In the so-so thriller The Chernobyl Diaries — which was co-produced and co-created by Paranormal Activity franchise magnate Oren Peli — a group of affably nondescript American twentysomethings go on an "extreme vacation" to Pripyat, Ukraine. Once there, everything goes predictably wackadoo.
Wouldn't it be great if — just for once — there was a horror movie where absolutely nothing flew off the rails and all of the characters went home alive and existentially satisfied? That would be a new breed of shocker. Audiences would be so horrified they wasted $10 a head! Anyway, spoilers imminent.
I almost titled this review "In Soviet horror flick The Chernobyl Diaries, the eyes have hills," but figured that would be too confusing and/or spoilery. Essentially, Peli and director Bradley Parker do for Pripyat what Wes Craven did for the Nevada desert 35 years ago, only with a lot more shaky cam and a whiff of sinister Eastern European exoticism à la Hostel.
If you look past the ethically murky implications of using this disaster for jump scares (something victims' support groups aren't thrilled by), The Chernobyl Diaries is a decent survival horror film that becomes a clichéd waste of time in the last 30 minutes.
In a nutshell, six backpackers and their ex-special forces tour operator — whose defining character traits can be assigned Snow White and The Seven Dwarves style — sneak into the ghost town of Prypiat after the Ukrainian military mysteriously cordons it off.
The narratively streamlined backpackers — Doubtful, Rakish, Busty, Blandy, Norwegian, and Norwegianette — soon find themselves without their beefy guide Uri (actor Dimitri Diatchenko, who does ominous well), after his tour van's engine is trashed by forces unknown. Who could have done this? The oversized dogs in the woods? The toothy mutated fish in the local lake? Or perhaps a curious, friendly, schnapps-swilling bear who evolved a knowledge of man's automotive arts? That would be a great twist.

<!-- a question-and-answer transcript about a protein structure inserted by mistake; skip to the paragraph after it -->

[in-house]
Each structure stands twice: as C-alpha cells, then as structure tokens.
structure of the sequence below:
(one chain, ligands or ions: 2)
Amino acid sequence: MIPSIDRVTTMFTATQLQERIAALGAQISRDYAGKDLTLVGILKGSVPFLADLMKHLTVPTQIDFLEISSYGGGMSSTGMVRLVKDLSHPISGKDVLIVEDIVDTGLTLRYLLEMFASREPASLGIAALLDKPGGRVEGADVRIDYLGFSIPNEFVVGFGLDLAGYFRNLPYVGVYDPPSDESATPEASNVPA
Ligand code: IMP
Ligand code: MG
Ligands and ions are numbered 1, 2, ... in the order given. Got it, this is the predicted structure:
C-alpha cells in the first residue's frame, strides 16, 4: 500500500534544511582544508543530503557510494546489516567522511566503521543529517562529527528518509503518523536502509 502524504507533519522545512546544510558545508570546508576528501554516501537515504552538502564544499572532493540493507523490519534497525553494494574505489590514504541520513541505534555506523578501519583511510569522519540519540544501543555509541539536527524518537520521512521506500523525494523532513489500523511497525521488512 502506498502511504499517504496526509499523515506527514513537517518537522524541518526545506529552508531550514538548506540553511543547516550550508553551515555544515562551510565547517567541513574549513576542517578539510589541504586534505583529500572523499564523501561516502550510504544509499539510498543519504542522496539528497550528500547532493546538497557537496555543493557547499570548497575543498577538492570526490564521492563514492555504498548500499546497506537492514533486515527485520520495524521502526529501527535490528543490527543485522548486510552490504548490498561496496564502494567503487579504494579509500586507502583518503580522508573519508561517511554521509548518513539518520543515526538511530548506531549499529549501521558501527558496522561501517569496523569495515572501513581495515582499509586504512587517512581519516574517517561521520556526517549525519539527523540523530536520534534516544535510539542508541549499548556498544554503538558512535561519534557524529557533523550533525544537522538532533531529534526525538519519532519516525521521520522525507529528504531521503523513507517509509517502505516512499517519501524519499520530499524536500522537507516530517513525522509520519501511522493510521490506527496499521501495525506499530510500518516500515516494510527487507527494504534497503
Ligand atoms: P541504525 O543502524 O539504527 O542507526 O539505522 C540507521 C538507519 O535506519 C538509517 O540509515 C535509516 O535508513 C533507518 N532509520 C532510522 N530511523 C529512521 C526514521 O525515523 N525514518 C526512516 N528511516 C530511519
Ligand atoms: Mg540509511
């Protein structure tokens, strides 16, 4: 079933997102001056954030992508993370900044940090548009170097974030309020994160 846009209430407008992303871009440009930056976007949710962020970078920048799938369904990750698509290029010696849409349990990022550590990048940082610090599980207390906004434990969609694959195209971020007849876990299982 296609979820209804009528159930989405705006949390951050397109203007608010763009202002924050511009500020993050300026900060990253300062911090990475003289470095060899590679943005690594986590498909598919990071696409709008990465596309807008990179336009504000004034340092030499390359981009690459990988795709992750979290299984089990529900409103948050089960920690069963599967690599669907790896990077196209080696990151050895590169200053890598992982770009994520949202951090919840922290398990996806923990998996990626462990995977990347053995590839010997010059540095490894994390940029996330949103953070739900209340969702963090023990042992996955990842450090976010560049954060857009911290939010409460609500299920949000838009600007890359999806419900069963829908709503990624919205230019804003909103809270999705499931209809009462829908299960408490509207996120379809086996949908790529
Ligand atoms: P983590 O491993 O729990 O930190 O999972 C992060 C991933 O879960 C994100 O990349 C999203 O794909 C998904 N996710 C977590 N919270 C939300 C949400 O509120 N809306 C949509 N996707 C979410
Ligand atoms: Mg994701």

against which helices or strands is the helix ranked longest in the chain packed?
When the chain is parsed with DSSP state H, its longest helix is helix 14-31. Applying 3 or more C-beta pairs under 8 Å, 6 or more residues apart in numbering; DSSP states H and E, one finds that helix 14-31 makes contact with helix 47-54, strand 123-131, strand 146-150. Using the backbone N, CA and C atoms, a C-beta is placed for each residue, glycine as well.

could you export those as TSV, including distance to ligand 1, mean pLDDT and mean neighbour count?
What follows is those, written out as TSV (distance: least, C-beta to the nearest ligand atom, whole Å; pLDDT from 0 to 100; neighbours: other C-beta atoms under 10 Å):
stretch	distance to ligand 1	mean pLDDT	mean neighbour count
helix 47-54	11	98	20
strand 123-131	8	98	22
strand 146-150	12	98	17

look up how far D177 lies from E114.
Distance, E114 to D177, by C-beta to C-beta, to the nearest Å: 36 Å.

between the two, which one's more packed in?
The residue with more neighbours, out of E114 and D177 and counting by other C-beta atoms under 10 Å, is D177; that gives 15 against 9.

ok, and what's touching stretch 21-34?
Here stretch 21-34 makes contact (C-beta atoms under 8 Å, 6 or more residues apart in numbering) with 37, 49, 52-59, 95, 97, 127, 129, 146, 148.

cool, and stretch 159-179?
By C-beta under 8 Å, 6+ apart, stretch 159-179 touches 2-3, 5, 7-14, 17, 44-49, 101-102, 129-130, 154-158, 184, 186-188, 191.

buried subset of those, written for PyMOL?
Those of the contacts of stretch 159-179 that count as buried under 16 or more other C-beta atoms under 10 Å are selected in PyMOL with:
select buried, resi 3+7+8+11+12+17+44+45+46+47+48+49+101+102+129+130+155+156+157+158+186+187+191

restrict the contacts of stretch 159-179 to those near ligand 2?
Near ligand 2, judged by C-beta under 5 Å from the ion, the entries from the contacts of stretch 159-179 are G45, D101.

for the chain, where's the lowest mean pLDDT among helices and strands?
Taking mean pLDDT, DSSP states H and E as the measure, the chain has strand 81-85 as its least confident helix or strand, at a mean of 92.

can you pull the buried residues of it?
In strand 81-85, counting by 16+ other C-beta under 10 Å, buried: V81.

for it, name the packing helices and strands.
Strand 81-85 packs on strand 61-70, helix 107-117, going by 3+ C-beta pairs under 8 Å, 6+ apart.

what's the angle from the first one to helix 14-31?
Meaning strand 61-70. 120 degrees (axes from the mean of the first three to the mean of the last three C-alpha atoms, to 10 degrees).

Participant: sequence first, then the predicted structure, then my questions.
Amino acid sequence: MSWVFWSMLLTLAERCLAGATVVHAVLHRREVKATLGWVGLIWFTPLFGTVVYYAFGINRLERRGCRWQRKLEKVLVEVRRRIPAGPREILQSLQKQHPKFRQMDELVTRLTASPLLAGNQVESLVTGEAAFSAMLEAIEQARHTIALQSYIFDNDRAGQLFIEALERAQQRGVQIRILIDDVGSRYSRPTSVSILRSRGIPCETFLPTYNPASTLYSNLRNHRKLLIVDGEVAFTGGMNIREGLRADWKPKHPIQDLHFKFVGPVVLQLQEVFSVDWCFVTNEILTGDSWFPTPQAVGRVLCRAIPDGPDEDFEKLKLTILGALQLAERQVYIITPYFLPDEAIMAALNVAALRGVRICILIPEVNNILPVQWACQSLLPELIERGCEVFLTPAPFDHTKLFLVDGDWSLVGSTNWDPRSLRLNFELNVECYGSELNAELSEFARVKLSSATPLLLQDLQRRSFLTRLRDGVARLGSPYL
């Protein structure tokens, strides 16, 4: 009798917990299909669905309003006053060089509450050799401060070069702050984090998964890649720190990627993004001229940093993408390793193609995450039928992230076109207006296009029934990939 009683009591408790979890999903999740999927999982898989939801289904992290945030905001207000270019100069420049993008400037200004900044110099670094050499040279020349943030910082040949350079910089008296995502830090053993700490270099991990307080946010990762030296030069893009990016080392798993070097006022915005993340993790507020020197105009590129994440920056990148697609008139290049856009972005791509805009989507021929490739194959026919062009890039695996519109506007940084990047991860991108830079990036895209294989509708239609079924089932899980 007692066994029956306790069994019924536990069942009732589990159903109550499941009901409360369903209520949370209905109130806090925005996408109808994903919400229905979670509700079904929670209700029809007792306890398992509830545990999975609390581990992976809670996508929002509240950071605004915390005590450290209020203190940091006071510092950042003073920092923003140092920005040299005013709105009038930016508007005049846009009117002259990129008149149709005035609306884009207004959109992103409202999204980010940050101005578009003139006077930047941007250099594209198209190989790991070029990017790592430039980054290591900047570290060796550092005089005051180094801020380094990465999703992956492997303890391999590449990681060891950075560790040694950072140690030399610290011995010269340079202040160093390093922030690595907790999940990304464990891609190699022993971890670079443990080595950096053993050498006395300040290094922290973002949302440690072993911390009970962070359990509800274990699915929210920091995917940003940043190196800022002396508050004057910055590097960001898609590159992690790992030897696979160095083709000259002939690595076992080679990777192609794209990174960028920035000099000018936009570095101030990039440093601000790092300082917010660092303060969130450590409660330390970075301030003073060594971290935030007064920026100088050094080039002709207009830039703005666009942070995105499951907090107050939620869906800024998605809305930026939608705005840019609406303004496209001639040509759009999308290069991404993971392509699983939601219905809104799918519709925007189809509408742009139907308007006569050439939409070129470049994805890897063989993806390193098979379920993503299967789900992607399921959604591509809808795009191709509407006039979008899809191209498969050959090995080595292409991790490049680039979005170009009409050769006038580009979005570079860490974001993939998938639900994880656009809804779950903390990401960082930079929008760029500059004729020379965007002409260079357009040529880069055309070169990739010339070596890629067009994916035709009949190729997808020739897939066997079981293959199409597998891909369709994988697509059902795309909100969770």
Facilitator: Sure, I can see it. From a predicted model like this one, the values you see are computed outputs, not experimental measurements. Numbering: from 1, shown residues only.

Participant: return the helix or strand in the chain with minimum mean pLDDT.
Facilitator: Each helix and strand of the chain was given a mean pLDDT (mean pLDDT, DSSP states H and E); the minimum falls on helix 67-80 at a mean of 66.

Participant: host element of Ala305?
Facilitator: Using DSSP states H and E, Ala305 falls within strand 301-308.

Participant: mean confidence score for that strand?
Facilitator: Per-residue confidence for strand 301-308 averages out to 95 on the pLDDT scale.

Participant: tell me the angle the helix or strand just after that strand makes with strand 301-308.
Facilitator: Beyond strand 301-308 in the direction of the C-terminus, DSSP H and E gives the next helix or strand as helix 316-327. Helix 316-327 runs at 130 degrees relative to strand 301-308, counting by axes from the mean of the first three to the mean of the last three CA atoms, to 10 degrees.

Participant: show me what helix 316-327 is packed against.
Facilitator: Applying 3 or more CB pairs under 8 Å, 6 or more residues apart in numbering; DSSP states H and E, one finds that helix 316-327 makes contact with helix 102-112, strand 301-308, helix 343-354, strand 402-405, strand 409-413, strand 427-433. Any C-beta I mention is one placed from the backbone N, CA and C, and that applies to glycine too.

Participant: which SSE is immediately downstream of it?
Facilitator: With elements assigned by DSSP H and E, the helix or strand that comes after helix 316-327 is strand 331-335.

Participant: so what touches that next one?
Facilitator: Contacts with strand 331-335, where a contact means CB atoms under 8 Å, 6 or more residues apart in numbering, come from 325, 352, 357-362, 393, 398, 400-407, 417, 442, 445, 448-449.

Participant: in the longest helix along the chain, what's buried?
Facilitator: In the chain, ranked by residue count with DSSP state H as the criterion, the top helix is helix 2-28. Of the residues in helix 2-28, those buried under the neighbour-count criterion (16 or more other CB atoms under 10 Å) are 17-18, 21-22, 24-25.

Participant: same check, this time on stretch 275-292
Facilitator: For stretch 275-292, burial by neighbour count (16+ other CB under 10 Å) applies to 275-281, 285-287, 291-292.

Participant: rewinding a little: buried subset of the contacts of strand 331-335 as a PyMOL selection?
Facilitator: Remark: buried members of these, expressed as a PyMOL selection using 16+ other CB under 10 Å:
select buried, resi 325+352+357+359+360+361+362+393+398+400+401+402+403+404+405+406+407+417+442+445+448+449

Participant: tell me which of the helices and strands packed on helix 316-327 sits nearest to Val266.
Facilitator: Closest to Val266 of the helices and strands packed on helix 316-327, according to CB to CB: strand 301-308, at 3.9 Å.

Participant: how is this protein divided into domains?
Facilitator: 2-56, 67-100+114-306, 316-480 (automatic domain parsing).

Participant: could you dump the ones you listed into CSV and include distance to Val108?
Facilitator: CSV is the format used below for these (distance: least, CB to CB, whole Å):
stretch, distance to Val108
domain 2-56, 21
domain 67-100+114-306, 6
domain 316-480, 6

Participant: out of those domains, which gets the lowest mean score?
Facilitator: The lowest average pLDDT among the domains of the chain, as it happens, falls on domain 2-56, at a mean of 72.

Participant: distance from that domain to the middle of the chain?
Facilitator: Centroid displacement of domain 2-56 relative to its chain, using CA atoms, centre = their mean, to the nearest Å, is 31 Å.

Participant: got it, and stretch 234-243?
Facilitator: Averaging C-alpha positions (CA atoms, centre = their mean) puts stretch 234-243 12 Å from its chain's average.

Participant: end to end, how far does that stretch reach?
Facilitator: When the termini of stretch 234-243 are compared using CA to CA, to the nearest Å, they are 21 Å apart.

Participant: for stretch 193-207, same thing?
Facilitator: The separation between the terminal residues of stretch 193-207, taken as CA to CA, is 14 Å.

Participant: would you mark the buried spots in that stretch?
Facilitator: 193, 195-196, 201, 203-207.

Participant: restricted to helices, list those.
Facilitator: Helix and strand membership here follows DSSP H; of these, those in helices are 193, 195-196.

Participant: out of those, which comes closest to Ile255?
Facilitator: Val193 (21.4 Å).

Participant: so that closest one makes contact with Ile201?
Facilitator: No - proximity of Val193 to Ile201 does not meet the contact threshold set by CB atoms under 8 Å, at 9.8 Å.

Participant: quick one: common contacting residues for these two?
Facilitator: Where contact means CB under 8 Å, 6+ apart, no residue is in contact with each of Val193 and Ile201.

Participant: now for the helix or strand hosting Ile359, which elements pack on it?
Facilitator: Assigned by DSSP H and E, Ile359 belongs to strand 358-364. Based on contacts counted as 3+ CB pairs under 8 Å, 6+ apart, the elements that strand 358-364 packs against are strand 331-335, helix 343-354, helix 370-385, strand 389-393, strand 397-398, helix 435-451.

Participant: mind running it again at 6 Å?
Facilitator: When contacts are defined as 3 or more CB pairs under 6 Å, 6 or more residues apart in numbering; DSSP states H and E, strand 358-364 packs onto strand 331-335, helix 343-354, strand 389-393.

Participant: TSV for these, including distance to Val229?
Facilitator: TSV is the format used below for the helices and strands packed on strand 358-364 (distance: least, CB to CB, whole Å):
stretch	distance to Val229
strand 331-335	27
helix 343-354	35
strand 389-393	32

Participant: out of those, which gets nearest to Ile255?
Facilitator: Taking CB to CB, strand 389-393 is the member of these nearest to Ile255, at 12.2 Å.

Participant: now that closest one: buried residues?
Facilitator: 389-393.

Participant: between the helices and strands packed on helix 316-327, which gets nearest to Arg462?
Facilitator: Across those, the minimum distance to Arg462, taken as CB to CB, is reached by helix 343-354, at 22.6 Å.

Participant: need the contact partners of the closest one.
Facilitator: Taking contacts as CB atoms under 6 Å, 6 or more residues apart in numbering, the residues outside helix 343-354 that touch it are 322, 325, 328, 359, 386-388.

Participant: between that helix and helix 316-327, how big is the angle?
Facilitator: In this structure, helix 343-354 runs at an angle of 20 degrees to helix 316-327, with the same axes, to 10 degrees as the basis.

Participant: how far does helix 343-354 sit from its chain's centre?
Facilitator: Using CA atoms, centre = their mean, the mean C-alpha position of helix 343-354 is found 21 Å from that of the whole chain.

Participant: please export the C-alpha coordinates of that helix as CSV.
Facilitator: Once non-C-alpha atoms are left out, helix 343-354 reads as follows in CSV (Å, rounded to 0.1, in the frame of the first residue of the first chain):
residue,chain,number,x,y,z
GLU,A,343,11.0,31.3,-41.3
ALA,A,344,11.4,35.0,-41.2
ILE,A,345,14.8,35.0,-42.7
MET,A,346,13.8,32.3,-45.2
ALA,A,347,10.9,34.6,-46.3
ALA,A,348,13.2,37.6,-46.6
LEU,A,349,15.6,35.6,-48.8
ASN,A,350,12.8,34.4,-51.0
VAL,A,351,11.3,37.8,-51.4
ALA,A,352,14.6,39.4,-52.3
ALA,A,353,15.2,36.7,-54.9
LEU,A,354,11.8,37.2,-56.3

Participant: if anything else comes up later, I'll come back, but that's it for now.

The Chernobyl Diaries works best when it operates outside of the audience's expectations. When the film focuses more on the weirdo fauna (which could've been considerably weirder, as the film's not gunning for historical veracity) and parsimoniously doled out traces of life, it's not bad. The Bulgarian and Hungarian locales are also a reasonable stand-in for Pripyat's abandoned apartment blocks.
But when The Chernobyl Diaries becomes the umpteenth iteration of The Texas Chain Saw Massacre in the final act, it's tremendously dull. Save your money and watch an atmospheric and creepy movie a fraction of the length that was shot on location in Pripyat, Factory Fifteen's GAMMA.
RANDOM ASIDE: I accidentally left my iPod imperceptibly on in my pocket for the first 20 minutes of the movie. I only realized this when the characters drove into Pripyat, an entrance that magically and majestically synced up with the opening sax solo from Bob Seger's "Turn the Page." Modern horror movies need way more soulful saxophone.